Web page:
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able ocean'; that of the rest some is encumbered with naked mountains', and some lost under barren sands`; some scorched with unintermitted heat', and some petrified with perpetual frost'; so that only a few' regions remain for the production of fruits', the pasture of cattle', and the accommodation of man'."

The same observation may be transferred to the time' allotted us in our present state. When we have deducted all that is absorbed in sleep', all that is inevitably appropriated to the demands of nature, or irresistibly engrossed by the tyranny of custom'; all that passes in regulating the superficial decorations of life', or is given up in the reciprocations of civility to the disposal of others'; all that is torn from us by the violence of disease, or stolen imperceptibly away by lassitude and languor'; we shall find that' part of our duration very small of which we can truly call ourselves masters', or which we can spend wholly at our own choice'. Many of our hours are lost in a rotation of petty cares', in a constant recurrence of the same employ. ments'; many of our provisions for ease or happiness' are always exhausted by the present day; and a great part of our existence serves no other' purpose, than that of enabling us to enjoy the rest'.

Of the few moments which are left' in our disposal, it may reasonably be expected', that we should be so frugal' as to let none of them slip from us without some equivalent; and perhaps it might be found, that as the earth', however straitened by rocks and waters, is capable of producing more than all its inhabitants are able to consume', our lives', though much contracted by incidental distraction', would yet afford us a large space vacant to the exercise of reason' and virtue'; that we want not time', but diligence', for great performances; and that we squander' much of our allowance, even while we think it sparing' and insufficient

An Italian philosopher expressed in his motto', that time was his estate'; an estate', indeed, which will produce nothing without cultivation', but will always abundantly repay the labours of industry`, and satisfy the most extensive' desires, if no part of it be suffered to lie waste by negligence, to be overrun with noxious plants', or laid out for show rather than for use'. RAMBLFR.

4.-ON THE COMPARATIVE MERIT OF HOMER AND VIRGIL. UPON the whole', as to the comparative' merit of these two great princes of epic poetry, Homer and Virgil', the former must, undoubtedly, be admitted to be the greater genius'; the latter' to be the more correct writer. Homer was an original in his art, and discovers both the beautics' and the defects which are to be expected in an original' author, compared with those who succeed him; more boldness, more nature and ease', more sublimity' and force'; but greater irregularities' and negligences' in composi tion. Virgil' has, all along', kept his eye upon Homer'; in many places, he has not so much imitated', as he has literally translated him. The description of the storm', for instance, in the first' Æneid, and Æneas's.speech' upon that occasion, are translations from the fifth book of the Odyssey'; not to mention almost all the similes' of Virgil, which are no other than copies of those of Homer. The pre-eminence in invention', therefore, must, beyond doubt, be ascribed to Homer. As to the pre-eminence in judg ment', though many critics are disposed to give it to Virgil', yet, in my opinion, it hangs doubtful'. In Homer, we discern all the Greek vivacity'; in Virgil', all the Roman stateliness. Homer's` imagination is by much the most rich and copious'; Virgil's' the most chaste and correct. The strength of the former lies in his power of warming the fancy'; that of the latter, in his power of touching the heart'. Homer's style is more simple and animated'; Virgil's' more elegant and uniform'. The first' has, on many occasions, a sublimity' to which the latter never' attams; but the latter', in return, never sinks below a certain degree of epic dignity', which cannot so clearly be pronounced of the former. Not, however, to detract from the admiration due to both' these great poets, most of Homer's' defects may reasonably be imputed, not to his genius', but to the manners of the age in which he lived; and for the feeble passages of the Eneid', this excuse ought to be admitted, that the Eneid' was left an unfinished work. BLAIR.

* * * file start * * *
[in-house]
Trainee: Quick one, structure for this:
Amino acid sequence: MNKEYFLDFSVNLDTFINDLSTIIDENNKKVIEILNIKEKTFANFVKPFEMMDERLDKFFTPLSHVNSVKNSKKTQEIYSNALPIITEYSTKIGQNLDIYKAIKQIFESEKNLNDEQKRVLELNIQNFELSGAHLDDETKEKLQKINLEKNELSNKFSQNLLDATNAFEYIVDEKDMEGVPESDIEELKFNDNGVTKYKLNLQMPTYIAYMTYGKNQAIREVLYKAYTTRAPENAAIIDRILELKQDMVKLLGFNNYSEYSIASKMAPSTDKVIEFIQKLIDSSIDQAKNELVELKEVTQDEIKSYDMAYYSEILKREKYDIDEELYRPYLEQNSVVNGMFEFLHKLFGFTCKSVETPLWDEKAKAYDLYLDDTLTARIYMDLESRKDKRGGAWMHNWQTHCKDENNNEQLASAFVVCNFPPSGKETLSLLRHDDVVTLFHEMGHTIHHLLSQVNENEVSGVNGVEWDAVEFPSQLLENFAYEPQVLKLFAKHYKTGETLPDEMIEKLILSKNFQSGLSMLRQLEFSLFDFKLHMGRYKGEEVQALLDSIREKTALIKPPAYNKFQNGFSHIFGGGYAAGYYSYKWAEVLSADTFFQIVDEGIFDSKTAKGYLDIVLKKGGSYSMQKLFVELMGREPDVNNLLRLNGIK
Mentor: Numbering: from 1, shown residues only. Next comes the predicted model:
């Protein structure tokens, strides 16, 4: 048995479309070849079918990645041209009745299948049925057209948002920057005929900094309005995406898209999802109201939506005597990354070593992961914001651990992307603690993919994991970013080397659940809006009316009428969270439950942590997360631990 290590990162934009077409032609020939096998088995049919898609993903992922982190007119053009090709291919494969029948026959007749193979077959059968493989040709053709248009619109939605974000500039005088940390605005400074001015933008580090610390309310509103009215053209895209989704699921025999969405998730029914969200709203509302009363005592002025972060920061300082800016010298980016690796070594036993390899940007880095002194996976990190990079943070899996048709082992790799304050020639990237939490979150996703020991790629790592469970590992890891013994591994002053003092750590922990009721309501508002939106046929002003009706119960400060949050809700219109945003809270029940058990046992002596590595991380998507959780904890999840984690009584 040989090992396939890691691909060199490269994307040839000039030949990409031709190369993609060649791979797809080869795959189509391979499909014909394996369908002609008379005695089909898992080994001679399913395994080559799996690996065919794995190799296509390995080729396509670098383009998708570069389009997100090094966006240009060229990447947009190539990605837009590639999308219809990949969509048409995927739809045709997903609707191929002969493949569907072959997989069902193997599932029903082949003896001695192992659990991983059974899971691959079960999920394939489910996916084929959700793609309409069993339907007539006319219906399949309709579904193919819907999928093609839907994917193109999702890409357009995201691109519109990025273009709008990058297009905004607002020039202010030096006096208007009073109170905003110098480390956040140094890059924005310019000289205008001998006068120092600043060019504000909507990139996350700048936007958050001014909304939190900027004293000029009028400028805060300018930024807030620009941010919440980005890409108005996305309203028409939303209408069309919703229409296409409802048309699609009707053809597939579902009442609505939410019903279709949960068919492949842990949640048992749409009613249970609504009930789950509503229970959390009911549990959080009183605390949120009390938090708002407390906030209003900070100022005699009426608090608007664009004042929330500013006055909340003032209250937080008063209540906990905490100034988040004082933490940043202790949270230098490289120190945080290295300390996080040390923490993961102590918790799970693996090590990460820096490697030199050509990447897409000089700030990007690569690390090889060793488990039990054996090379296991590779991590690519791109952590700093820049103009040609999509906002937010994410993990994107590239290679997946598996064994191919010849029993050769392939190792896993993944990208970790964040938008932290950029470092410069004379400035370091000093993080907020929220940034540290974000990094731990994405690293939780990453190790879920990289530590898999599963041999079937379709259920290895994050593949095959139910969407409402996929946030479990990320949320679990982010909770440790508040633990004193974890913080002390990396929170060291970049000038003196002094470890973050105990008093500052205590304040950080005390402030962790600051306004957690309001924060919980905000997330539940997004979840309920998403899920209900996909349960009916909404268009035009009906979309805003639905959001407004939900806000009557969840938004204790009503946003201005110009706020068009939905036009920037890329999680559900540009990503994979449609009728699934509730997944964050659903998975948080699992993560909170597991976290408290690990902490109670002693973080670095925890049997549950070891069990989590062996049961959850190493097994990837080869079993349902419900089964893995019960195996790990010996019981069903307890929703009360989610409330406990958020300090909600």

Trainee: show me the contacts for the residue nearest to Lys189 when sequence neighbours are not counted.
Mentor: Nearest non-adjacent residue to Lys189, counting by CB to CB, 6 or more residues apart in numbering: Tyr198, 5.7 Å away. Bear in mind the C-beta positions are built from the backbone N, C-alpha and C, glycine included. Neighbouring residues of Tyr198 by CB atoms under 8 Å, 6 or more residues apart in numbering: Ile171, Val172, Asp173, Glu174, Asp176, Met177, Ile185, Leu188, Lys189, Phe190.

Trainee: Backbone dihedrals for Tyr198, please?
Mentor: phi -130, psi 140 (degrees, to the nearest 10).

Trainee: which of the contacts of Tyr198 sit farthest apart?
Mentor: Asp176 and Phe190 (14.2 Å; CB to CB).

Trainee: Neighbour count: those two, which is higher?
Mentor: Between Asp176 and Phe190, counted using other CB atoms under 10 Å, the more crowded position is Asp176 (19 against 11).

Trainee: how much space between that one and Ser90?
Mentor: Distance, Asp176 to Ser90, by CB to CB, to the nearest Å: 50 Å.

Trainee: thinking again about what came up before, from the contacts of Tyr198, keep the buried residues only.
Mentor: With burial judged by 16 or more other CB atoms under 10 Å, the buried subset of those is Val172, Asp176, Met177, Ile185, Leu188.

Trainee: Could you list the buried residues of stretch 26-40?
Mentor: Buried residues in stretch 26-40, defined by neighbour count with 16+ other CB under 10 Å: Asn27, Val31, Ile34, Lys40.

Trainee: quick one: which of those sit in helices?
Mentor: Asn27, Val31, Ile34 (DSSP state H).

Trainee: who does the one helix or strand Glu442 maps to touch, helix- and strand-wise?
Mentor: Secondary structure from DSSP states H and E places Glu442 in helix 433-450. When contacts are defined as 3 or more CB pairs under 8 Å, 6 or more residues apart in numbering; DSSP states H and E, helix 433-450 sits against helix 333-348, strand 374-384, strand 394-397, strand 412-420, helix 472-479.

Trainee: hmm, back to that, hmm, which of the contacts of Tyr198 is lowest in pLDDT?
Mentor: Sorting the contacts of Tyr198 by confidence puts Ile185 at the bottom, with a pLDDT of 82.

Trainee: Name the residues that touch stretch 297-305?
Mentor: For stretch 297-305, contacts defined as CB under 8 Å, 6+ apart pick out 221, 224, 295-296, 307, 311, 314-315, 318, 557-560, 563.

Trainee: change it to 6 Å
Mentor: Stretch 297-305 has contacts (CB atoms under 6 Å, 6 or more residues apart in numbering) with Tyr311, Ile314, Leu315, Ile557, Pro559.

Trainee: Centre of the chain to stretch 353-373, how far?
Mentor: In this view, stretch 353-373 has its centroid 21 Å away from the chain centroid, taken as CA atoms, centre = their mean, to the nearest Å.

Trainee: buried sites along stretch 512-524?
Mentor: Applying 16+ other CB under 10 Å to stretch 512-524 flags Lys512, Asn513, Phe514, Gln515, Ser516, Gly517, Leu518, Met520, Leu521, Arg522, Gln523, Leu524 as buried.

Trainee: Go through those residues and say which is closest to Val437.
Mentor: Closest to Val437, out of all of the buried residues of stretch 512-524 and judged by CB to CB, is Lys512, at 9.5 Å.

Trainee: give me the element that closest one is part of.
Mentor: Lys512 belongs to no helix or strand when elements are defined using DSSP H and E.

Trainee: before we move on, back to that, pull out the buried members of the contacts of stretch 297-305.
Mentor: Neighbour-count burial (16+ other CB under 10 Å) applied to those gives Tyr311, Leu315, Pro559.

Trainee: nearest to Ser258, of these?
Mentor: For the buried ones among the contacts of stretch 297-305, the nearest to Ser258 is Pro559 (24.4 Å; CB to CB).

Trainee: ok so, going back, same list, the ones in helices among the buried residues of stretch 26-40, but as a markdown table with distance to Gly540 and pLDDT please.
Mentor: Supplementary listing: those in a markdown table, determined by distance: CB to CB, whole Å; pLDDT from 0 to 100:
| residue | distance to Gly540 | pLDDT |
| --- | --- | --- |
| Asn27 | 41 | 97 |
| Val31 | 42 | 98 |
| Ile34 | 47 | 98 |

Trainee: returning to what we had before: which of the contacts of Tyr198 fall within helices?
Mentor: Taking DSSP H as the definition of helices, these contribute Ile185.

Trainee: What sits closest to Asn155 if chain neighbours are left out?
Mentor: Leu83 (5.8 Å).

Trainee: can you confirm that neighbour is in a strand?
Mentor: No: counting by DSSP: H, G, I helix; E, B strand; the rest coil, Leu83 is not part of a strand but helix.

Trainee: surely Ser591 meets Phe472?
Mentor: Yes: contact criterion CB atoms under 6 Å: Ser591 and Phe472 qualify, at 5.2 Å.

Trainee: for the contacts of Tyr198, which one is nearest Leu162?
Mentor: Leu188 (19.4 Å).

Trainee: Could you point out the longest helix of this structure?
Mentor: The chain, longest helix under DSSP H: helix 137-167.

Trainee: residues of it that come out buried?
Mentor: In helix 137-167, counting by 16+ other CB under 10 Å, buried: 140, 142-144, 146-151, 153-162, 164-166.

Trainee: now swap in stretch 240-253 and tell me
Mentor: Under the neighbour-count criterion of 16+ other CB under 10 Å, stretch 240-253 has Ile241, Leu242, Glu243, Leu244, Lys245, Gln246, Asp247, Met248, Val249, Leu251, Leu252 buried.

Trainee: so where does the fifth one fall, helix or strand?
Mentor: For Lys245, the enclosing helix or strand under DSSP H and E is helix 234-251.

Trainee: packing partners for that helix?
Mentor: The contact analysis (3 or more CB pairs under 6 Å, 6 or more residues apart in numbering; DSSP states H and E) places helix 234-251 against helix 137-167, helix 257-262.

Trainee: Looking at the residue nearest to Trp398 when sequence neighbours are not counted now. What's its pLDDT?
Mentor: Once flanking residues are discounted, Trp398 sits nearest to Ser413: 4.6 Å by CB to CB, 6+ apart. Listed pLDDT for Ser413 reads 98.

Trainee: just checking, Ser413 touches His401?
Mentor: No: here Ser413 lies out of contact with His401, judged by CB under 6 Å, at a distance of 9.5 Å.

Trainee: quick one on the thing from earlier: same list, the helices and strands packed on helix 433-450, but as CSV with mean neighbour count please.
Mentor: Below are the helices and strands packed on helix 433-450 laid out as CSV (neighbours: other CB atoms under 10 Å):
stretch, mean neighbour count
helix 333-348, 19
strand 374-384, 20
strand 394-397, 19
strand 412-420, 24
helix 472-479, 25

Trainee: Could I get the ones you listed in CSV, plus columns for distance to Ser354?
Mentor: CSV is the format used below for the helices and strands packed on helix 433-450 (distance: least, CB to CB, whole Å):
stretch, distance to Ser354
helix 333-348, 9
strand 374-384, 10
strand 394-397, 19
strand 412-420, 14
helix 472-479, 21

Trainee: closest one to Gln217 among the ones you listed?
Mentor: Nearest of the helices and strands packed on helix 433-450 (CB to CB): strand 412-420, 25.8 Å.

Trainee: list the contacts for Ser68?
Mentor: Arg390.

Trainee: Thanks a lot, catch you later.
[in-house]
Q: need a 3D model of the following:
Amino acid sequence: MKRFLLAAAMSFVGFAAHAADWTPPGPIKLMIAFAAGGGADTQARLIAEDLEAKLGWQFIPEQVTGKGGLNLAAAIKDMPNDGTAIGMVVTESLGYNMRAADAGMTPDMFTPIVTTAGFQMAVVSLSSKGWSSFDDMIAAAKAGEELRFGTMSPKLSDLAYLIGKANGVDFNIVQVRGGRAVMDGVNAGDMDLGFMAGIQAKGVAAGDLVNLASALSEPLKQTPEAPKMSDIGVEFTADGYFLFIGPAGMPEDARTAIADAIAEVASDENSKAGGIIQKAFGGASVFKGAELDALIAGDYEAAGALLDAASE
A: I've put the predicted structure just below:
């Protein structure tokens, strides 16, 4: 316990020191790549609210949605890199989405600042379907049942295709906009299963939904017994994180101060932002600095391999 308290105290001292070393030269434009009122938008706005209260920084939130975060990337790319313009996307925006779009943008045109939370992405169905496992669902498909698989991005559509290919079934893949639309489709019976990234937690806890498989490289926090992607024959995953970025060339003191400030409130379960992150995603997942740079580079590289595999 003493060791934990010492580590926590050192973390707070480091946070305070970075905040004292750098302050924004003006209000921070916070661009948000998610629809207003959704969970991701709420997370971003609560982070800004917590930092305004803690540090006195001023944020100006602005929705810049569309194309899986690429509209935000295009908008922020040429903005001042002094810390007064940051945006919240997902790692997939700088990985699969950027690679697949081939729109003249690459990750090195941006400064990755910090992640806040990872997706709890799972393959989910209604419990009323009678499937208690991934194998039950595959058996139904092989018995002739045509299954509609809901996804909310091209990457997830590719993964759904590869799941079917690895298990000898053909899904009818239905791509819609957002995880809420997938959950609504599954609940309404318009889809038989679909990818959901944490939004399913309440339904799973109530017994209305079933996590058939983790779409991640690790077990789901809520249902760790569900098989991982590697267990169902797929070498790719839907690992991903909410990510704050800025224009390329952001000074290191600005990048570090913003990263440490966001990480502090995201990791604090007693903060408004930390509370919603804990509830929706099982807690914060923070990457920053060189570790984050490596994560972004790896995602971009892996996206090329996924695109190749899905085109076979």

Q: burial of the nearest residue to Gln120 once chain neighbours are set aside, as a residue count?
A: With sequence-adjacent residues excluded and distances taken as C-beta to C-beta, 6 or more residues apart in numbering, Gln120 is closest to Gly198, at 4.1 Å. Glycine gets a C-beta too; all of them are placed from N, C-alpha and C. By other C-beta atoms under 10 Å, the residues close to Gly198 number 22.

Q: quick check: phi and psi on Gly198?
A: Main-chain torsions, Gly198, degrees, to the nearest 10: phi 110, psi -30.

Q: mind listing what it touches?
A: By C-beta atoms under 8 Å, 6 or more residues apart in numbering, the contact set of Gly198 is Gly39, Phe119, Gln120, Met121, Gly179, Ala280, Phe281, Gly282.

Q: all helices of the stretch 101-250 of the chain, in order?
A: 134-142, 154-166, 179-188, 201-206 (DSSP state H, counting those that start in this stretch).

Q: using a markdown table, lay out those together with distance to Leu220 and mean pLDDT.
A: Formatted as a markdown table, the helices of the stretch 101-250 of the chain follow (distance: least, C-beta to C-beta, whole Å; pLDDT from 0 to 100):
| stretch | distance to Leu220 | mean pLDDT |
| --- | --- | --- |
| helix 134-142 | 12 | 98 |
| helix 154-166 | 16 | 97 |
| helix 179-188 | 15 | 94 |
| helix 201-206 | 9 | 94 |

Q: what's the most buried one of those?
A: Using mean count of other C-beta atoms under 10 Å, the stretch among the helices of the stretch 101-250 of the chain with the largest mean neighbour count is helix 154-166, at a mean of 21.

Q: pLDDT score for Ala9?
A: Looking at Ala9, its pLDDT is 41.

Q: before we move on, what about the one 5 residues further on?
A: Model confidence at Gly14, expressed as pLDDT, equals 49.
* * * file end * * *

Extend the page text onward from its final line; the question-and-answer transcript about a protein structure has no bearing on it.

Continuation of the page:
I CAN by no means agree' with you in thinking, that the love of fame is a passion, which either reason' or religion'

condemns. I confess, indeed, there are some' who have represented it as inconsistent with both`; and I remember, in particular, the excellent author of The Religion of Nature Delineated', has treated it as highly irrational' and absurd. But surely "'twere to consider too curiously'," as Horatio says to Hamlet, "to consider thus." For though fame with posterity should be, in the strict' analysis of it, no other than a mere uninteresting proposition, amounting to nothing more than that somebody acted meritoriously'; yet it would not necessarily follow', that true philosophy would banish the desire of it from the human breast. For this passion may' be (as most certainly' it is) wisely implanted in our species, notwithstanding the corresponding object should in reality' be very different from what it appears in imagination'. Do not many of our most refined' and even contemplative' pleasures owe their existence to our mistakes'? It is but extending' (I will not say, improving') some of our senses to a higher degree of acuteness than we now' possess them, to make the fairest views of nature', or the noblest productions of art', appear horrid' and deformed'. To see things as they truly`and in themselves' are, would not always, perhaps, be of advantage to us in the intellectual' world, any more than in the natural. But, after all, who shall certainly assure us, that the pleasure of virtuous fame dies' with its possessor, and reaches not to a farther scene of existence? There is nothing, it should seem, either absurd or unphilosophical in supposing it possible' at least, that the praises of the good' and the judicious', that sweetest music to an honest ear in this' world, may be echoed back to the mansions of the next; that the poet's description of Fancy' may be literally true, and though she walks upon earth', she may yet lift her head into heaven'.